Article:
Embry-Riddle meteorology students exploring the Great Plains to observe severe weather over the past couple of weeks got exactly what they were looking for in northern Kansas, three days into their trip.
Just one-quarter mile from the students, an EF-2 tornado – which carries winds of 111-135 mph – crossed the road ahead of them “and then strengthened rapidly,” said Shawn Milrad, assistant professor of meteorology, who – along with Dr. Tom Guinn, professor or meteorology and meteorology program coordinator – accompanied the students.
“It was 15 seconds of pure adrenaline,” said Embry-Riddle senior Sarah Roddey, “to see a tornado forming right on top of us.”
“We saw two tornadoes simultaneously,” said Milrad, “and the main one had basically every possible tornado shape, from cone to rope, during its lifespan. Fortunately, we knew it would move in the opposite direction from us.”
Milrad and eight students in his study-away Severe Weather Field Forecasting course, held in the region of the United States known as Tornado Alley, had found exactly the opportunity for which the course is designed.
“This kind of field experience allows students to visually observe severe storms and the features associated with them,” said Milrad. “We also have students forecast for the storms. So it gives them real-world forecasting and observing experience – experiential learning – with the payoff being they might get to see a lot of really interesting and cool severe storms.”
Embry-Riddle students had a chance to learn about extreme weather up close and personal during a study trip to Kansas with meteorology faculty. (Photo: Sarah Roddey)
The tornado-chasing trip, May 25-June 7, coincided with the end of Tornado Alley’s peak season. The season first peaks in mid-May in Oklahoma, Texas and Kansas, and then in late May and early June in Nebraska, Colorado and Wyoming. By the end of their trip, the group of students and Milrad, who traveled in three separate cars, had driven about 5,000 miles throughout the Great Plains, observing storms in eastern Colorado, Kansas, Nebraska, New Mexico and Texas.
Among the six men and two women taking the class, three are meteorology majors, and the remaining five are working on a minor in the subject. Such tornado-chasing trips are often considered a crucial part of meteorology training.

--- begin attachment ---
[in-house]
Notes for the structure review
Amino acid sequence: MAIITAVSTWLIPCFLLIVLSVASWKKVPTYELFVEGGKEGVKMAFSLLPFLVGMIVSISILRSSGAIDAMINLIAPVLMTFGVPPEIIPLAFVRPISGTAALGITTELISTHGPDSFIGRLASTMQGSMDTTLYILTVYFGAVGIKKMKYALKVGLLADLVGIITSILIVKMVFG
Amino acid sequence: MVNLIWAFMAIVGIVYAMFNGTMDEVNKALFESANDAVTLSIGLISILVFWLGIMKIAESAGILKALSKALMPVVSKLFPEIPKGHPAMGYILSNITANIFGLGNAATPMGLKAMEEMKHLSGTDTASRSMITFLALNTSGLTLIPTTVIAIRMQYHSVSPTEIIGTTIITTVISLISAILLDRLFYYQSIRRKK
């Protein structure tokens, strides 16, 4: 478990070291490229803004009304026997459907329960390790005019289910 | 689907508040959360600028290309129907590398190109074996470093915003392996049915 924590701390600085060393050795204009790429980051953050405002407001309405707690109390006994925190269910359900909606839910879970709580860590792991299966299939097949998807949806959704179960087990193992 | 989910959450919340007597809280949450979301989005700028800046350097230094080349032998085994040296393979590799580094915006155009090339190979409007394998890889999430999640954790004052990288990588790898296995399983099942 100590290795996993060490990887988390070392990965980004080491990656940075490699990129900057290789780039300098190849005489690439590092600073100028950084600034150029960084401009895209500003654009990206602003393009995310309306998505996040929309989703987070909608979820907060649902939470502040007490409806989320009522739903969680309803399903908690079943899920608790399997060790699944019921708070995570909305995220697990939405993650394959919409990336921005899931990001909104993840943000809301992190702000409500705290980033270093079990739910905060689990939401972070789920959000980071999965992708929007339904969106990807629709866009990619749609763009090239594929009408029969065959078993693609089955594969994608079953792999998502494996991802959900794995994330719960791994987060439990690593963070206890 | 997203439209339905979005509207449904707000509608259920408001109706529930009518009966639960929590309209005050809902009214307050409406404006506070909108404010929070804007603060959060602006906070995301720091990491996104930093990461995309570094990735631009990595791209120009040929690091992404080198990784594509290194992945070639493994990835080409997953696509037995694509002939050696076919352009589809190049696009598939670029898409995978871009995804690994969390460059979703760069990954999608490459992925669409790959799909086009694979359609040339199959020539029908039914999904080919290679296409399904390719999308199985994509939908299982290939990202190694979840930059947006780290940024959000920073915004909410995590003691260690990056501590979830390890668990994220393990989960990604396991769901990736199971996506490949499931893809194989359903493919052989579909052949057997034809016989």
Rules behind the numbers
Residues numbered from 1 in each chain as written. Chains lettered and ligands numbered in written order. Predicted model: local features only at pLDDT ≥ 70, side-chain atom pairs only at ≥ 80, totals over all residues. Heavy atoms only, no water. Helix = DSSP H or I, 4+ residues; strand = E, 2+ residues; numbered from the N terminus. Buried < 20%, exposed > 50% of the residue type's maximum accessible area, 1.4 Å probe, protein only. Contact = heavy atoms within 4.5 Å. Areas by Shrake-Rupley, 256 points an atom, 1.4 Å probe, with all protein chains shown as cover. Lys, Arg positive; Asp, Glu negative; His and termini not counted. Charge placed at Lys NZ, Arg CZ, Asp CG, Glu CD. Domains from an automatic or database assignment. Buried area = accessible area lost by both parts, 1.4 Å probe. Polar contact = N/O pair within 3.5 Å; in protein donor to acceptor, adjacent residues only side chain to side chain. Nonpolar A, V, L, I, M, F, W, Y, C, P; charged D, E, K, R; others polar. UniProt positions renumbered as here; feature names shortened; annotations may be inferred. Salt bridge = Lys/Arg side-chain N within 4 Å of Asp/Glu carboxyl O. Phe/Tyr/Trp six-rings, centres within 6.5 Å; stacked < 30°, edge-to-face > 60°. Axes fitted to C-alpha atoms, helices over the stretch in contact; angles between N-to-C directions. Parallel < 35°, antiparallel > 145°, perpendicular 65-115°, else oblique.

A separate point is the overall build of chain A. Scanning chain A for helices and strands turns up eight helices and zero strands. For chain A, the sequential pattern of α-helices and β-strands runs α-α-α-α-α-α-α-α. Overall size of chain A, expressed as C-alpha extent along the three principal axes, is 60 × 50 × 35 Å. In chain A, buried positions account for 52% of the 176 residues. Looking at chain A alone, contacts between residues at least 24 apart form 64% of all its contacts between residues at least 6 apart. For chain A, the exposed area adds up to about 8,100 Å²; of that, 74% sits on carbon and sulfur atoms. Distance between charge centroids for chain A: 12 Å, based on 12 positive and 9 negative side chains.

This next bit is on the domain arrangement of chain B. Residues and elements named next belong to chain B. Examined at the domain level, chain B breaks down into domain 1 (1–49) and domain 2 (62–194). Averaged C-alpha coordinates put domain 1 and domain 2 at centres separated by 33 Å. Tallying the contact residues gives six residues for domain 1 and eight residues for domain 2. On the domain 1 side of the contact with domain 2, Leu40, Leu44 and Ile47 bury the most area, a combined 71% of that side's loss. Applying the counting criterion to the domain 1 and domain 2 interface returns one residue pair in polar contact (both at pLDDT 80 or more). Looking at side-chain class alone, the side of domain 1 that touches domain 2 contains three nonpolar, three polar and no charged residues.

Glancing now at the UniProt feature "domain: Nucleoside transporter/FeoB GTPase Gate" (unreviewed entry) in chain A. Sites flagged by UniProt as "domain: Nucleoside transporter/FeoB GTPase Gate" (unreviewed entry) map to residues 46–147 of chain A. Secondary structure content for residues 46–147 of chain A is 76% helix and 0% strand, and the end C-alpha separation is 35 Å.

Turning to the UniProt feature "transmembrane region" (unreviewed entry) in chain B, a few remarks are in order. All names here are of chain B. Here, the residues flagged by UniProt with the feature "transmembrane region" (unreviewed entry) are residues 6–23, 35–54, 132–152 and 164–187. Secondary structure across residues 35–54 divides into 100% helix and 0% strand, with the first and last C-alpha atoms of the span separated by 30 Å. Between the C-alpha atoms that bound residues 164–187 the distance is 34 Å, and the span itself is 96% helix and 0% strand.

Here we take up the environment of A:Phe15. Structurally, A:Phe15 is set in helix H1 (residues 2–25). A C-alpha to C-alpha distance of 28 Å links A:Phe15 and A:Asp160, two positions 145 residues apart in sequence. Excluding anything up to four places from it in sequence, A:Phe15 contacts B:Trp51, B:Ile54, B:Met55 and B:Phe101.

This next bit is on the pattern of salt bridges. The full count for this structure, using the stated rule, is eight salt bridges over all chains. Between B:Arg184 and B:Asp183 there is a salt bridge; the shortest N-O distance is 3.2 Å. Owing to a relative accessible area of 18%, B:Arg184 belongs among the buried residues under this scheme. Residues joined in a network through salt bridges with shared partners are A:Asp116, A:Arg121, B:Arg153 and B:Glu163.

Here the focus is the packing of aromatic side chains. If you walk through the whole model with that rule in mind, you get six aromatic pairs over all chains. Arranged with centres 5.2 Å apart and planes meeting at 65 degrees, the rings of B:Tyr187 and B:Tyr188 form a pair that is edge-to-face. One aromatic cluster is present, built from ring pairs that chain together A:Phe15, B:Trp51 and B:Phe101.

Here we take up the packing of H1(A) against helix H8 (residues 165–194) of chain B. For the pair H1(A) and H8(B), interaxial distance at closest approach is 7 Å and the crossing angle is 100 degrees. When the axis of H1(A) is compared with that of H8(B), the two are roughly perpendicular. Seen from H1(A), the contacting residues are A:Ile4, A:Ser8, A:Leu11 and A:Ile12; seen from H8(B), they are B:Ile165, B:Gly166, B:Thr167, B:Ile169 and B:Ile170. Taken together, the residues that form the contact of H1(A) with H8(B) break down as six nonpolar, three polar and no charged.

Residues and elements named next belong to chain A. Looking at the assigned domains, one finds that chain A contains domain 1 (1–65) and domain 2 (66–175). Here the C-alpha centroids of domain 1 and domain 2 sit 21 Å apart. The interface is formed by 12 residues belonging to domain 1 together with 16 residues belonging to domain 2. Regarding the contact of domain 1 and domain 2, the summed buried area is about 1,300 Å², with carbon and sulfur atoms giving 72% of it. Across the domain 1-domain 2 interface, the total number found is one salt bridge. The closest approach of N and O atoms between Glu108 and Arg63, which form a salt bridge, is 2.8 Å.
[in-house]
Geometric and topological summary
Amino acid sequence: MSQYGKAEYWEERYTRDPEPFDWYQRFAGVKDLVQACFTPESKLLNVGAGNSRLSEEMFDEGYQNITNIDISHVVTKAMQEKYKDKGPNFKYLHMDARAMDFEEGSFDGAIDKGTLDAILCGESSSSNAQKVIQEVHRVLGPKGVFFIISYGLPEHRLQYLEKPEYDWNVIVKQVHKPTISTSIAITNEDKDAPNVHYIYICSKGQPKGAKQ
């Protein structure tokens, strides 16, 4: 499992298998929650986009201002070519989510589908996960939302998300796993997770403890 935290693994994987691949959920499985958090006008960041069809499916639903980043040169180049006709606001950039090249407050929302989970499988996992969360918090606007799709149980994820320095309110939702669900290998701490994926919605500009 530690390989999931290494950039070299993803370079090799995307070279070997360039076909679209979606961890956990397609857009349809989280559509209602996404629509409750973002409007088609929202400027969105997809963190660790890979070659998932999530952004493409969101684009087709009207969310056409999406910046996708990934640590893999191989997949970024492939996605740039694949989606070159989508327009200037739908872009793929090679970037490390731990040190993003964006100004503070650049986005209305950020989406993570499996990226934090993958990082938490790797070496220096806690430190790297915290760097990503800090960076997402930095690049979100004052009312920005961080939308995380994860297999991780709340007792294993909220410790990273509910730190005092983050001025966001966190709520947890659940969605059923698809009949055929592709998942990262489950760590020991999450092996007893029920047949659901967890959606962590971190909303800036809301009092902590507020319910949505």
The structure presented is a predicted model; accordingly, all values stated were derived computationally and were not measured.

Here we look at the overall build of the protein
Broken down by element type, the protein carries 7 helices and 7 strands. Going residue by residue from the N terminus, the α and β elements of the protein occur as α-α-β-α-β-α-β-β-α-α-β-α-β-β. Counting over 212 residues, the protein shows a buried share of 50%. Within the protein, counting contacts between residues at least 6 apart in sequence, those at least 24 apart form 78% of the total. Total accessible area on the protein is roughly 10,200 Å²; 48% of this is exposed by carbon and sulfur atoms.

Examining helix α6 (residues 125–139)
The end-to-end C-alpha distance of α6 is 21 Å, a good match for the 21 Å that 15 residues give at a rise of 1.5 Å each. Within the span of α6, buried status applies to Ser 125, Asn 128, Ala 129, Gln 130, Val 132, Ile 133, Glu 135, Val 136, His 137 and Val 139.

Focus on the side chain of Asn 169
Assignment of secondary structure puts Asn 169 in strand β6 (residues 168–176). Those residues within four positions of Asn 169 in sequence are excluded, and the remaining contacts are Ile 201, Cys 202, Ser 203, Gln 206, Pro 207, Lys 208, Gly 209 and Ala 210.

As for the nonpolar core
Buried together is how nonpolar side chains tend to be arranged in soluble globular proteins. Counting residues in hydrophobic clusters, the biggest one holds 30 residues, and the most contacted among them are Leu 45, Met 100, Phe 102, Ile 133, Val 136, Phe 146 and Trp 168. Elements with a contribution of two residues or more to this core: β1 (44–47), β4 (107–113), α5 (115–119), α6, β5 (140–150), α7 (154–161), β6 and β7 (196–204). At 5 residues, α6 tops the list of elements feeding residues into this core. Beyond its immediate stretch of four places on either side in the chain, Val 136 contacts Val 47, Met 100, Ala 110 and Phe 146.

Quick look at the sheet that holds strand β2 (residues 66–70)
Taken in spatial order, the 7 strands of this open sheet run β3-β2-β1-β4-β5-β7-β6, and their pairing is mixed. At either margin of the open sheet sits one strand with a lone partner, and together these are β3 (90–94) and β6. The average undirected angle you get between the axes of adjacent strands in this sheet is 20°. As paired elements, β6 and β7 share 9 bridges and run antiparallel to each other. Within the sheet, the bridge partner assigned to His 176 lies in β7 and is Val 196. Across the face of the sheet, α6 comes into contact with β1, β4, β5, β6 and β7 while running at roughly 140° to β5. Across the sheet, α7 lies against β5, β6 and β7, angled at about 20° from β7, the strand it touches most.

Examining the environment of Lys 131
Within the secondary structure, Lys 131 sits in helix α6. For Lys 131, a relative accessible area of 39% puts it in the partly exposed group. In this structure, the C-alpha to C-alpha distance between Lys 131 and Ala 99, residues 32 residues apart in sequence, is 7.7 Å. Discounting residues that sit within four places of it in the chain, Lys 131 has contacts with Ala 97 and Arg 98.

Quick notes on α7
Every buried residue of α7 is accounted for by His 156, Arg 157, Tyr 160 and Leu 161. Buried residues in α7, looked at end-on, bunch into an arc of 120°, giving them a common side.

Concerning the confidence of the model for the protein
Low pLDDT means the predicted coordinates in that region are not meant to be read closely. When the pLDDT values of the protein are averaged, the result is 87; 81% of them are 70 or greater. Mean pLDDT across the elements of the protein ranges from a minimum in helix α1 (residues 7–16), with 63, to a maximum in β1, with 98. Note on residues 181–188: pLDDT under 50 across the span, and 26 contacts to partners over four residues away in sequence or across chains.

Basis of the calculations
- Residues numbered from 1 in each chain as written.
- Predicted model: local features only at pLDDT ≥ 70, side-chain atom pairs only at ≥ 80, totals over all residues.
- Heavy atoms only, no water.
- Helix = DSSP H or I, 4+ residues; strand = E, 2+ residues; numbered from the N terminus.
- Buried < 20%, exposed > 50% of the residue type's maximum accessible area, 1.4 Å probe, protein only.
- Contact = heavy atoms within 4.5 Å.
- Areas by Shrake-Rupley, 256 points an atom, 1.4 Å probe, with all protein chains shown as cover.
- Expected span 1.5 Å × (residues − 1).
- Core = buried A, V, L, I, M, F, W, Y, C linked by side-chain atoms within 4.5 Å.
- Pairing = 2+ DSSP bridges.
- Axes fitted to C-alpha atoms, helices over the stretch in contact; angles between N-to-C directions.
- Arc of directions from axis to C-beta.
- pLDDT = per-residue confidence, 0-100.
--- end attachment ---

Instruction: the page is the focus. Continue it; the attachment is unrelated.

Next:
Roddey said she decided to participate in the trip after she heard about job seekers who were denied positions in broadcast meteorology in the Great Plains region because they had no storm-chasing experience.
“That was kind of the seal-the-deal point for me on taking the class,” Roddey said.
Asked about the danger involved in chasing tornadoes, Milrad said, “The weather part is really not that dangerous if you know what you’re doing, which we do,” adding that he has been stalking storms in the region since 2006. He said lightning poses more of a risk than the tornadoes.
“We never put ourselves in a position where a tornado would hit us, we always have escape routes,” Milrad said. “But lightning is much more random. We’re very careful about letting people out of the car when lightning is in the immediate area.”
At the end of the course, the students do a research project, usually by investigating the meteorological processes that cause a severe storm or tornado to form, Milrad said. Sometimes, instead, they investigative why weather that was predicted didn’t happen. All of the data from the field trip – including information gathered from satellite, radar, surface observations and weather balloons – is archived at Embry-Riddle, so that any students interested in undergraduate meteorological research can examine particular cases more closely.On June 3, the students were able to witness a close call created by a pilot’s inattention to the weather. As the class watched a weak landspout tornado in northern Colorado, a Cessna 172 flew right near the funnel under the thunderstorm, Milrad said, adding, “One of the students remarked, ‘Now, that’s a great example of poor aeronautical decision making.”